California’s pension debt is harming teachers and students now—and it’s going to get worse

Students walk the halls at Whitney Young High School in Chicago.

Rising pension contribution rates are causing great angst among school districts in California. The rates are not rising because benefits are improving—in fact, the benefit formula for new teachers today is much less generous than for teachers hired prior to 2013—but because the California State Teachers’ Retirement System (CalSTRS) has amassed substantial debt. As of the latest actuarial valuation report, the CalSTRS’ total unfunded liability is over $100 billion.

Yes, $100 billion with a B. To put that in perspective, the unfunded liability is greater than the total amount of money spent to educate all of California’s public K-12 students for a year ($97.2 billion).

In 2014, California passed legislation designed to put it on a path to pay down the CalSTRS debt. At the time of the legislation the total contribution to CalSTRS—on a per-teacher basis—was about 18% of salaries (paid by three parties: employees, school districts, and the state). The legislation was to phase in rate increases through 2021 that would result in a total contribution rate of just over 35% of teacher salaries—nearly a 100% increase from the 2014 level. The higher rate would be needed for a generation (through 2046) according to actuarial calculations.

Since the 2014 legislation was passed, the plan has not performed as well financially as actuaries anticipated at the time, despite a robust economy. As such, the most recent projection is that the contribution rate will plateau at around 38% of teacher salaries, and again this rate will carry forward through 2046 (see figure below). In principle this number could be revised upward or downward in the future, but based on the history of CalSTRS and other similar plans nationwide, my bet is that it will be revised upward and even larger contributions than what is currently projected will be needed. The reason is that CalSTRS’ actuaries make assumptions that most financial economists believe are too optimistic (myself included), which will trigger the need for more funding down the road.

I have recently been involved with two projects that have put me close to policy discussions associated with the rising cost of teacher pensions in California. The first is a report on CalSTRS that I co-authored as part of Getting Down to Facts II, which formed the basis of testimony I gave to a California Senate budget and fiscal review subcommittee. The second is a just-released evaluation of district budget and survey data that examines how district budgets and services are impacted by rising pension costs (along with other benefit costs—primarily health-benefit costs for current and retired teachers).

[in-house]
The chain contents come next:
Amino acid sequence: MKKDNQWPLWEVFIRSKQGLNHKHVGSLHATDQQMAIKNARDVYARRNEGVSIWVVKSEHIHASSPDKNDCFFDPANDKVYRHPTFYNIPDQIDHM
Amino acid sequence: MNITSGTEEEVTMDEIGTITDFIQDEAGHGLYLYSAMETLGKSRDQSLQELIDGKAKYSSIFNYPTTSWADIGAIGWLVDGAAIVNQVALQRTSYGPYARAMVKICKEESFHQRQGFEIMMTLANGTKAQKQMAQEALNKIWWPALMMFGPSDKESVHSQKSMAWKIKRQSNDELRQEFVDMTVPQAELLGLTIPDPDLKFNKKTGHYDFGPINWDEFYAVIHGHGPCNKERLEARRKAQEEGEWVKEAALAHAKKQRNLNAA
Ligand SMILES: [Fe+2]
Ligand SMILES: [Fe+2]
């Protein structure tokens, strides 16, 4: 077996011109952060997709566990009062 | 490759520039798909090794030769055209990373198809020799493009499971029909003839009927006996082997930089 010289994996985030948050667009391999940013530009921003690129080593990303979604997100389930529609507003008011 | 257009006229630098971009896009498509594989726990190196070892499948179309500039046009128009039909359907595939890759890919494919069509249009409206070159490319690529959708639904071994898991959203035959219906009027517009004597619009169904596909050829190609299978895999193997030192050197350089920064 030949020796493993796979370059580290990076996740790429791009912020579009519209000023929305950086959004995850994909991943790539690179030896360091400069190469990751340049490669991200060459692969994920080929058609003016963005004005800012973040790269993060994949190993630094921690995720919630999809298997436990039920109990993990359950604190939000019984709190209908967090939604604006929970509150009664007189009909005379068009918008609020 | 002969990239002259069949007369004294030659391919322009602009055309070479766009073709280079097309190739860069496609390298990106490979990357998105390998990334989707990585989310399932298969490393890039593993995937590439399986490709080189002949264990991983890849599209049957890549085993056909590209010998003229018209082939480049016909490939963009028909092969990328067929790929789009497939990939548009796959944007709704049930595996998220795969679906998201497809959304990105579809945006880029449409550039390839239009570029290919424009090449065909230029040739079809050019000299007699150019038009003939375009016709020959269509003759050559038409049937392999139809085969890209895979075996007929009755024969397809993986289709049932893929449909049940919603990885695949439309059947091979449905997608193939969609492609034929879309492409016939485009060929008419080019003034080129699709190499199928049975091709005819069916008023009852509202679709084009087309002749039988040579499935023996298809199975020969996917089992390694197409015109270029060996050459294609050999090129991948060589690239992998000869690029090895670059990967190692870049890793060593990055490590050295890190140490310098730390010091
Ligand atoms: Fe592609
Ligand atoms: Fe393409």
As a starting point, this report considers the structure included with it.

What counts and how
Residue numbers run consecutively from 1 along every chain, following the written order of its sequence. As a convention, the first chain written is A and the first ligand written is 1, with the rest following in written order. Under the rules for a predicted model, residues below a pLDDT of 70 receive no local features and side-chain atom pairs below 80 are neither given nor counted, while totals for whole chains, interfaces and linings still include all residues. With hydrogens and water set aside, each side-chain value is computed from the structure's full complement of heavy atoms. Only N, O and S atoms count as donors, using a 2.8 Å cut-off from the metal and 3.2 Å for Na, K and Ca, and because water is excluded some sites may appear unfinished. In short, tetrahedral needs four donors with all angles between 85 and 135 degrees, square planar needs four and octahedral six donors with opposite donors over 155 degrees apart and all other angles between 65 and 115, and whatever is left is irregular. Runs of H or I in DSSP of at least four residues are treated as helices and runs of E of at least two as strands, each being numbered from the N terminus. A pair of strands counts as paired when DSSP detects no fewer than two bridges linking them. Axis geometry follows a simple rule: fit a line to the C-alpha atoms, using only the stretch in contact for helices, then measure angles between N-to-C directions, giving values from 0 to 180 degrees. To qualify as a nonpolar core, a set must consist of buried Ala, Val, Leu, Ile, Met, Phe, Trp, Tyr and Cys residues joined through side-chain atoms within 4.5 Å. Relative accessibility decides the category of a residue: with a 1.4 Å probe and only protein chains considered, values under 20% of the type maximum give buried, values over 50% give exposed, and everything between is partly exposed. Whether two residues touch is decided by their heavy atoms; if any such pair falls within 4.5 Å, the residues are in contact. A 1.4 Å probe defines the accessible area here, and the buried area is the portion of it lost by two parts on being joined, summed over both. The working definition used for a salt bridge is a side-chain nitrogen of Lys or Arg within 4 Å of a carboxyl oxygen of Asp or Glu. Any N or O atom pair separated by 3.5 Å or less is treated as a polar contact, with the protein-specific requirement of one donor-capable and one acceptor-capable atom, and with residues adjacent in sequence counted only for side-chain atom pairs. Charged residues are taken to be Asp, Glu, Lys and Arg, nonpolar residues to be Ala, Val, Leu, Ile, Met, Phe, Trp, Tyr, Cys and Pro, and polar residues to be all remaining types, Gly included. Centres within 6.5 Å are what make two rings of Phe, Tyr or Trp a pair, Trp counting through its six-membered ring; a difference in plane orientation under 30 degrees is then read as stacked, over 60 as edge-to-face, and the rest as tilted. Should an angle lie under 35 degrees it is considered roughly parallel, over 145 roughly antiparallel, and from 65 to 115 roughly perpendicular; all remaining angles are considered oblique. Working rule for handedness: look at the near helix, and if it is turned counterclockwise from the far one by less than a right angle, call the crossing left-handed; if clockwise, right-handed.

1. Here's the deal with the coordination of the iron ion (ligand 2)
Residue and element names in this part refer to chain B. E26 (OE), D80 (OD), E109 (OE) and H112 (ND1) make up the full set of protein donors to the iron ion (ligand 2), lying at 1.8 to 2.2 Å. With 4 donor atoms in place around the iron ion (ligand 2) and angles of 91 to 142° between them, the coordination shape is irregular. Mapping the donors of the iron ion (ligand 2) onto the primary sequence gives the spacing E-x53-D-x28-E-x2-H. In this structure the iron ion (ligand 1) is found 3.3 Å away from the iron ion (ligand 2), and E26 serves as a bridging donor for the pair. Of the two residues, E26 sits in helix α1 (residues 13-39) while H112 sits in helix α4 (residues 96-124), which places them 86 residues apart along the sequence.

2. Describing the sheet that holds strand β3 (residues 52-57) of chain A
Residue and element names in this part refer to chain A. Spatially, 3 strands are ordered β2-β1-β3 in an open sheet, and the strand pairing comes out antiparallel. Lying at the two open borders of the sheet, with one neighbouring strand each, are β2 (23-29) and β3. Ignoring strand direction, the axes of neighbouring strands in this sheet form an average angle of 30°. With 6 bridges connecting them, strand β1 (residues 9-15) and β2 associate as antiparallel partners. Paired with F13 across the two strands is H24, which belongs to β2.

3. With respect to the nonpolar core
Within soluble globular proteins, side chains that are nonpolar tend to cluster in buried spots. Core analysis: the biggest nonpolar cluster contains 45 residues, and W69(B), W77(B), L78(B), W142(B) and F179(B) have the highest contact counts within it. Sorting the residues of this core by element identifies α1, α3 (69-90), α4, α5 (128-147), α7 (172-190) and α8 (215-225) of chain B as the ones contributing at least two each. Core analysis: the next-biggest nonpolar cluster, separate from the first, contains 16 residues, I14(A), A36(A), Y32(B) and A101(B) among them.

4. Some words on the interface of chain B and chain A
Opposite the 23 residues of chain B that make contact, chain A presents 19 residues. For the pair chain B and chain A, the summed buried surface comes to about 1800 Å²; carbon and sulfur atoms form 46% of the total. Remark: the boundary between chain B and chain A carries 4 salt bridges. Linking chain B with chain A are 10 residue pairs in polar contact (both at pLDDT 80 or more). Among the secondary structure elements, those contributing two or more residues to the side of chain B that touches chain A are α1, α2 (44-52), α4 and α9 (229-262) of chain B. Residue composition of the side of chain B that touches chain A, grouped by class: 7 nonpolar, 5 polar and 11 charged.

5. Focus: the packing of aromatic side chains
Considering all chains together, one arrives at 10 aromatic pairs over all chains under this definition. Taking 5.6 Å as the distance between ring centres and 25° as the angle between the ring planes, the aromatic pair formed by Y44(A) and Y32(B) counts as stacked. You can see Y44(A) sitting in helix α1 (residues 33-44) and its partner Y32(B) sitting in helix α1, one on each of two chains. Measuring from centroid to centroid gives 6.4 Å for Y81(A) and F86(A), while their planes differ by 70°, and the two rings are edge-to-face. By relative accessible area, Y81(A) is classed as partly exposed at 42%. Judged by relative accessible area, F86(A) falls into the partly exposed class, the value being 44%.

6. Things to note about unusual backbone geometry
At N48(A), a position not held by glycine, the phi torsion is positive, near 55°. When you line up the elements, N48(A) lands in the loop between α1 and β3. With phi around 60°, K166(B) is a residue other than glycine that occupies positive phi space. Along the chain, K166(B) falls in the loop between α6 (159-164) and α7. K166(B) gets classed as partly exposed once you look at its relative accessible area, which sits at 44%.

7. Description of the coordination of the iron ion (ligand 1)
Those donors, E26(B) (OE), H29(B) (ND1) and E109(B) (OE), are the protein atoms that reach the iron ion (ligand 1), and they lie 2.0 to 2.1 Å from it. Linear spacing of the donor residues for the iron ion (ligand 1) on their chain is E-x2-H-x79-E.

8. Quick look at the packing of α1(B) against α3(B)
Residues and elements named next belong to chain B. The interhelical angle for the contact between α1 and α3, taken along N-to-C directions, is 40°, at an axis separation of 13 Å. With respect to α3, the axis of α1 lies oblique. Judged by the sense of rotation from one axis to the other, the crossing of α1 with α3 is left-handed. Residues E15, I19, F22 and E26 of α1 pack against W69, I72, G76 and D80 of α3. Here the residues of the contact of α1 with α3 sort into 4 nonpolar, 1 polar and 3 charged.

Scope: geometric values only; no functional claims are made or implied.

The reports combine to paint a troubling picture. Pension and health-benefit costs are bending education finances in California to their will. The sheer magnitude of the rising costs is staggering. Large numbers of school board officials who participated in our survey indicate that the rising costs are meaningfully affecting educational services. For example, many report making cost-saving changes to district budgets that include deferred maintenance, larger class sizes, and fewer enrichment opportunities for students in response to rising pension and health benefit costs (see Figure 3 here).

The problems that these costs are creating will affect district choices for the foreseeable future, even if actions are taken now to control costs moving forward. There are special circumstances in California that have contributed to the currently poor financial condition of CalSTRS (namely, California underfunded the plan for many years). Still, most state teacher plans are severely underfunded, and the situation looks even worse if optimistic actuarial assumptions are scaled back.

Going deep into district finances has helped me to better appreciate the labor unrest in many California districts, which mirrors similar unrest in other states. Teachers are frustrated over low and stagnant pay. But labor costs for districts are going up rapidly due to pension and health-benefit costs. Because these benefit cost increases do not correspond to rising benefits for current teachers—they reflect legacy costs—they are creating a larger and larger wedge between what teachers today take home in terms of wages and benefits, and school districts’ personnel costs.

Through the policy conversations I’ve had stemming from this work, the key question I keep coming back to is the following: how much are we willing to pay for teacher benefits? And by “we” I mean everyone, including teachers themselves, for whom there would be more resources available for salary increases (among other things) if benefit costs were lower. Focusing on pension benefits specifically, the currently-projected 38% of teacher salaries that will be required to fund CalSTRS annually through 2046 is a staggering amount of money, and again, in my view this is an optimistic projection. Is this too high? Would 50% be too high? 70%? At what point do we implement meaningful reforms to rein in the costs of these systems (e.g., by building in structural barriers to prevent the accrual of legacy costs)?

I don’t know the answer, but that is the question. At the rate we’re going I’ll get my answer. I just wish it wasn’t going to be so painful.